I’m always up for browsing a restaurant menu, not only because I’m “gastronomically motivated” (as my friend David recently described me,) but because its interesting to see how the names of the dishes are translated.
A case in point is the classic Catalan dish pa amb tomàquet. It consists of bread (ideally toasted pa de pagès) rubbed with mature tomatoes and garlic, drizzled with olive oil, with a dash of salt to taste. Watch and learn:
A literal translation would be “bread with tomato”, but not only does that sounds terrible in English, it lacks descriptive power. See that on a menu and you expect to be presented with an unappetizing, dry hunk of bread sat alongside a tomato.
The most efficient way to accurately describe the dish to an English speaker would probably be via the Italian term “bruschetta”, which, thanks to the global popularity of Italian cuisine, has practically been imported into English, but, of course, it would be unthinkable to conflate Catalonia’s national dish with its foreign cousin. What is more, the word “bruschetta” also fails to capture the fact pa amb tomàquet is made by squeezing the tomato and rubbing it into the bread, rather than chopping it up and placing it on top as the Italians do.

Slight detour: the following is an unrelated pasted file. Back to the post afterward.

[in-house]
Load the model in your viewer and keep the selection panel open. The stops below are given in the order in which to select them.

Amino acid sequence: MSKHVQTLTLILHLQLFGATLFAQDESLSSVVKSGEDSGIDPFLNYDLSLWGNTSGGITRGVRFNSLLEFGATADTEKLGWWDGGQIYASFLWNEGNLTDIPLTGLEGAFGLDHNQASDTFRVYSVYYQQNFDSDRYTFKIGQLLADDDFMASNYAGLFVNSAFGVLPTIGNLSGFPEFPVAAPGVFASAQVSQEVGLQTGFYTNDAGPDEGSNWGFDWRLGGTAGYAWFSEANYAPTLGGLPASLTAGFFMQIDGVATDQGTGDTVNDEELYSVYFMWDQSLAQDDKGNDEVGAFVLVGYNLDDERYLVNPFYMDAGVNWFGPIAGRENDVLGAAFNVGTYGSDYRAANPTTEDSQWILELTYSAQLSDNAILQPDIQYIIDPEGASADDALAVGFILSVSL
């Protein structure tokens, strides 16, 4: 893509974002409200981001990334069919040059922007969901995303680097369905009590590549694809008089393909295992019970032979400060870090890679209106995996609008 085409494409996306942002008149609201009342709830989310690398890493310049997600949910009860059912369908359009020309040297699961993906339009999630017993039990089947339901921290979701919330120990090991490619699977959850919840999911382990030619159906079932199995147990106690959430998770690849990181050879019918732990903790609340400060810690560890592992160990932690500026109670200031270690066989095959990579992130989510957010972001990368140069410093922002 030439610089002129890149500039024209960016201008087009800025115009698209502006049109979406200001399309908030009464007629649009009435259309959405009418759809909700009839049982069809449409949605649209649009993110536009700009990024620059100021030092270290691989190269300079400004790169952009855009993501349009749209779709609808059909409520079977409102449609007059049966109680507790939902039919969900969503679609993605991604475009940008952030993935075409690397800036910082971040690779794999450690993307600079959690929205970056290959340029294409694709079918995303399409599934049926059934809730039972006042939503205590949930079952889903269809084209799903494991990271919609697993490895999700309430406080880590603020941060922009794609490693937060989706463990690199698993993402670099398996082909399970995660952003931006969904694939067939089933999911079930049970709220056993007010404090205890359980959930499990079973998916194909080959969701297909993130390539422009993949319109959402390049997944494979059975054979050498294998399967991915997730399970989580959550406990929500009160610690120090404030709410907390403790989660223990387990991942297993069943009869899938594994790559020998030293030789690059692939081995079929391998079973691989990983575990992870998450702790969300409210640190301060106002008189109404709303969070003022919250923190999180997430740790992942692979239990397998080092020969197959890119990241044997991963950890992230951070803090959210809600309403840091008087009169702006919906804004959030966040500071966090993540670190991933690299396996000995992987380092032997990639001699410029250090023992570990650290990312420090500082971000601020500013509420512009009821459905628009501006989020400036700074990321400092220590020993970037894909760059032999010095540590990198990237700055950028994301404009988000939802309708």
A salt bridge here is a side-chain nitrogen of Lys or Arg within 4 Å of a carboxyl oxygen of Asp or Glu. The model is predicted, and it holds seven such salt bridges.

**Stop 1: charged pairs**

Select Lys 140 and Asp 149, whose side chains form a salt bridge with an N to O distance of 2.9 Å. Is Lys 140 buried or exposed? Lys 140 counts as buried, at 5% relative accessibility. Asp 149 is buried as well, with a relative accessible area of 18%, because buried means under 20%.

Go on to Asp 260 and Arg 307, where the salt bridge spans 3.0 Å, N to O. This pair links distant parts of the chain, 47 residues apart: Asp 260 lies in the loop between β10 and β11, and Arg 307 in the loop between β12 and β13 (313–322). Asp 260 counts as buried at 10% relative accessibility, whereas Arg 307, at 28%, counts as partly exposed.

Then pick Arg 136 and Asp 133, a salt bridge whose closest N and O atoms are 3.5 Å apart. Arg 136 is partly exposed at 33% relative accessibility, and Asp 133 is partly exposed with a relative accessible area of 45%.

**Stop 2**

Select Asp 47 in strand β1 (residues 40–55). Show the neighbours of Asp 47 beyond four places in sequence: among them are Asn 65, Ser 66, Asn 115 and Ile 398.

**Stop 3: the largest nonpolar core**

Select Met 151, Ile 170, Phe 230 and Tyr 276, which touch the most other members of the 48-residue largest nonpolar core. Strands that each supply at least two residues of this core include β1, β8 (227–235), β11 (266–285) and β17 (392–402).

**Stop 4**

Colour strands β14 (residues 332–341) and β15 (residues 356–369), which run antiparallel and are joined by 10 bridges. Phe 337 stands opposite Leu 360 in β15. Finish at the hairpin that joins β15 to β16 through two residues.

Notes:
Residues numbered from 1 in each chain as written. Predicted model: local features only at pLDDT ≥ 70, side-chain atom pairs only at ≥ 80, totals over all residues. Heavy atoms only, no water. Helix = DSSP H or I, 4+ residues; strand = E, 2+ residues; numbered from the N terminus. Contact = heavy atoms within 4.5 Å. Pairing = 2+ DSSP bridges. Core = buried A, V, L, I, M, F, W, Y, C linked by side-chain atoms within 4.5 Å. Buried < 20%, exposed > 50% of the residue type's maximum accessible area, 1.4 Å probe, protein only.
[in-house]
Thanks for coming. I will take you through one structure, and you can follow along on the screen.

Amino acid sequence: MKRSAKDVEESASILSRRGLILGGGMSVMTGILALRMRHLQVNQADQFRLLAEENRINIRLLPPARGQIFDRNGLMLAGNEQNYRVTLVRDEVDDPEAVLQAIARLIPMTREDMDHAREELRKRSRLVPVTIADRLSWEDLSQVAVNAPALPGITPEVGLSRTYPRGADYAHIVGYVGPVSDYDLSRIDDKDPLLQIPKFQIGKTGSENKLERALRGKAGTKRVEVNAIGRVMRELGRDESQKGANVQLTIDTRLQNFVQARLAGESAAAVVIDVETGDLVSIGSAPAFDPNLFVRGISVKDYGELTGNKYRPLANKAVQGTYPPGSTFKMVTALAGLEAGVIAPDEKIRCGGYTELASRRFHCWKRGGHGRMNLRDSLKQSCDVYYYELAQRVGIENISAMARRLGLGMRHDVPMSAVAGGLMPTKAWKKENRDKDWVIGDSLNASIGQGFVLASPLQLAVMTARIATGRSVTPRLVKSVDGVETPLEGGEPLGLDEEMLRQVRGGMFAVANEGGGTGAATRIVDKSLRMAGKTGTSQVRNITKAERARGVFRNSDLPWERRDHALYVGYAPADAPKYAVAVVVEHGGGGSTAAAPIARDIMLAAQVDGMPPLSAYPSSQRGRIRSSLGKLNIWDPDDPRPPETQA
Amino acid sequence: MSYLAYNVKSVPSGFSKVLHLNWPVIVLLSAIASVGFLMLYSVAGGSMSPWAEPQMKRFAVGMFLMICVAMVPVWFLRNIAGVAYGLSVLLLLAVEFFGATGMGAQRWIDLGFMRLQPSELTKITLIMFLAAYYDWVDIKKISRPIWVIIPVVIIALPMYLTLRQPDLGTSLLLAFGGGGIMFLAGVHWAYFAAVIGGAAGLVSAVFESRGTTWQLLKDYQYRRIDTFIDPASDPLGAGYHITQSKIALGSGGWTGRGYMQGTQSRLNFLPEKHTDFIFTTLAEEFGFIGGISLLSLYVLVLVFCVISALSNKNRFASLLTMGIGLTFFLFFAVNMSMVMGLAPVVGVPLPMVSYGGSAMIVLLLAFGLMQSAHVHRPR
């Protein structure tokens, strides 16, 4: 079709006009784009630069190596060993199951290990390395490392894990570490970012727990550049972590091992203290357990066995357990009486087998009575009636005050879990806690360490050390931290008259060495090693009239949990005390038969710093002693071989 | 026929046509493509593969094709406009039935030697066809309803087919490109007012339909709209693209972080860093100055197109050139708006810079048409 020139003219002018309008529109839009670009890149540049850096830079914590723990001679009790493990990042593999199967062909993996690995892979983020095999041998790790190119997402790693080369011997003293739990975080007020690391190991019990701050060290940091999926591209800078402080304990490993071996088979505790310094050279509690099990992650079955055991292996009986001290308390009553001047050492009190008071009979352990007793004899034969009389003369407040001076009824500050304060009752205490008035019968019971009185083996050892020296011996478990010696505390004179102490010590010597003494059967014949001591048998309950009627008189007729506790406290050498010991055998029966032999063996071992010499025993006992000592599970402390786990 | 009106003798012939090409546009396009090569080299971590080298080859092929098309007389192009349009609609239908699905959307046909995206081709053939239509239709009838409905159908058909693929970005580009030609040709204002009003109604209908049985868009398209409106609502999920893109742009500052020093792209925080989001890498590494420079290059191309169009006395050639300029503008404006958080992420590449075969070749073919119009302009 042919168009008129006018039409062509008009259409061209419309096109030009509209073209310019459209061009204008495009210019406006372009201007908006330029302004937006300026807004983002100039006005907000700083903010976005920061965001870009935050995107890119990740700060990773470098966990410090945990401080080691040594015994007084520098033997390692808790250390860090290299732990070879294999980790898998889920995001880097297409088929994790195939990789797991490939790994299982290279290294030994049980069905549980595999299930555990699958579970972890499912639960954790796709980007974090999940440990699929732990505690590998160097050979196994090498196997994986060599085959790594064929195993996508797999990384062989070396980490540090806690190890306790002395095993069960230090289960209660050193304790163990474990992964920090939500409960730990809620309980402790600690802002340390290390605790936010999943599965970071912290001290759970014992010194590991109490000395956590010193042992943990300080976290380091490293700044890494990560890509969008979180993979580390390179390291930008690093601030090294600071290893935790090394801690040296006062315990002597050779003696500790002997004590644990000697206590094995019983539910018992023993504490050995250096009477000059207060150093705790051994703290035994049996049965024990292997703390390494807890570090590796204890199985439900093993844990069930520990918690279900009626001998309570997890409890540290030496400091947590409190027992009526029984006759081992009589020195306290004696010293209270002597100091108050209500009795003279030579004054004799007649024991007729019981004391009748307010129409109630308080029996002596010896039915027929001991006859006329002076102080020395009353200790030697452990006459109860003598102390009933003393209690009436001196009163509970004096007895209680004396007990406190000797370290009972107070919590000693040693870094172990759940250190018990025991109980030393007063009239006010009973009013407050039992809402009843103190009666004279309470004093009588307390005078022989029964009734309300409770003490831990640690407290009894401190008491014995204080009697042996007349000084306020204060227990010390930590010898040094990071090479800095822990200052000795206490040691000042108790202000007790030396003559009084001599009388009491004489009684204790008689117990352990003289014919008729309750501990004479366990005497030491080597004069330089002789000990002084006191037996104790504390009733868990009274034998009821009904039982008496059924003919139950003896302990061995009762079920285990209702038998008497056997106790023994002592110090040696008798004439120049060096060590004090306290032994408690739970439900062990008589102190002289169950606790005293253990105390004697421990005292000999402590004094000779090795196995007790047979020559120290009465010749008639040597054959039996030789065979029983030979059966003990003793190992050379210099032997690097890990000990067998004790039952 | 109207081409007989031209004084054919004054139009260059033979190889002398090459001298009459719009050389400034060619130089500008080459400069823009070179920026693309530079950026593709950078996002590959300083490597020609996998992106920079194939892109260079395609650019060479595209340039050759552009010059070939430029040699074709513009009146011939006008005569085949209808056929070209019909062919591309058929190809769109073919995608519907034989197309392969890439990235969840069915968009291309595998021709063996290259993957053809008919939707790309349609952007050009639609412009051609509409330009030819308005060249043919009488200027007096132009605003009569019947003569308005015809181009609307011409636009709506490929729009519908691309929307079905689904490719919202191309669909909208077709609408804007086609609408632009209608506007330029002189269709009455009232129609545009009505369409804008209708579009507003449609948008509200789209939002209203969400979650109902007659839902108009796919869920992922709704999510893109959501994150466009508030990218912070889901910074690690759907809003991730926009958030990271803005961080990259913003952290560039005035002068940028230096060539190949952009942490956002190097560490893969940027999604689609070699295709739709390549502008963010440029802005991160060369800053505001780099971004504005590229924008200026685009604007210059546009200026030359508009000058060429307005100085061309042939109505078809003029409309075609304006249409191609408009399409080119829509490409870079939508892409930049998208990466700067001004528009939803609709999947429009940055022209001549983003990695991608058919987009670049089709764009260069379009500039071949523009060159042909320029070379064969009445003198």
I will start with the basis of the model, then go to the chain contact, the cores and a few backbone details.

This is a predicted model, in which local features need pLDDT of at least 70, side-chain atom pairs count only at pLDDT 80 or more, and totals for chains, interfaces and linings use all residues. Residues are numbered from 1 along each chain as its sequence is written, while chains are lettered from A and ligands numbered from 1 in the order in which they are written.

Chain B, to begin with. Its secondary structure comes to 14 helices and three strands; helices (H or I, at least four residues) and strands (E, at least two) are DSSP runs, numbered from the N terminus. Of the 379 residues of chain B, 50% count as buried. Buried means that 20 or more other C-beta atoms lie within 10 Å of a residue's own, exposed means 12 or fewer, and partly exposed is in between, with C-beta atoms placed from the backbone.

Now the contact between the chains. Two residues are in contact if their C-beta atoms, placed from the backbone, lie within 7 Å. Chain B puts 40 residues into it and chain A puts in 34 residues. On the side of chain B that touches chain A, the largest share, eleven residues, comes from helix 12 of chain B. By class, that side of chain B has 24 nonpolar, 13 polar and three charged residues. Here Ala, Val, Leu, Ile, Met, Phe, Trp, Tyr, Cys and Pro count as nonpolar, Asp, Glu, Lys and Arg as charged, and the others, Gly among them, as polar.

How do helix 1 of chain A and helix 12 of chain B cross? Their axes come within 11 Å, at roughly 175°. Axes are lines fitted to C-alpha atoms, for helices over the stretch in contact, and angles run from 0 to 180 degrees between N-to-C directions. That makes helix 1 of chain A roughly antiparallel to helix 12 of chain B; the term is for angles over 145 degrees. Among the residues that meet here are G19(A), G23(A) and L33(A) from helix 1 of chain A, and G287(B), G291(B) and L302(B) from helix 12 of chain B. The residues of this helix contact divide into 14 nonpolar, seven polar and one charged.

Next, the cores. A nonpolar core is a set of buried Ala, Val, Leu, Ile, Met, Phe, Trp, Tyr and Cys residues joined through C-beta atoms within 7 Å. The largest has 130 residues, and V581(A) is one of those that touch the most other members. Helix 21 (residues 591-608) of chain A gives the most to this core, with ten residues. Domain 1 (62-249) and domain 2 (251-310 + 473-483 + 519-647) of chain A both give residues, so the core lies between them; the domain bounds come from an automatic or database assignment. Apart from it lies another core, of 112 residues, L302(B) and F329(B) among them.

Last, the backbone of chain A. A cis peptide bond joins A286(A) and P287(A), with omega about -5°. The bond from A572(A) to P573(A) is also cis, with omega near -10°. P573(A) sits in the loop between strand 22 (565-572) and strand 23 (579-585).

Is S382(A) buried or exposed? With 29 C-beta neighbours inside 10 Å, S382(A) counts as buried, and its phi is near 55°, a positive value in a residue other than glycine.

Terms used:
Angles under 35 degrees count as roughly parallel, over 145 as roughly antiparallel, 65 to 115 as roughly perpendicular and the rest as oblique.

Menu writers sometimes opt for the prosaic solution of “catalan bread rubbed with tomato and olive oil”, or some other variation which sounds more like a step-by-step recipe than a name. Yawn.
If I had a restaurant, I would definitely try to have some fun with the translation. I think I’d call the dish “traditional smashed tomato toast”, or something like that. It captures the vigour of the preparation process and, as a bonus, it alliterates, which is always satisfying!
As an aside, the most entertaining translation of pa amb tomàquet that I have actually seen on a menu was a phonetic one in Galicia. Observe: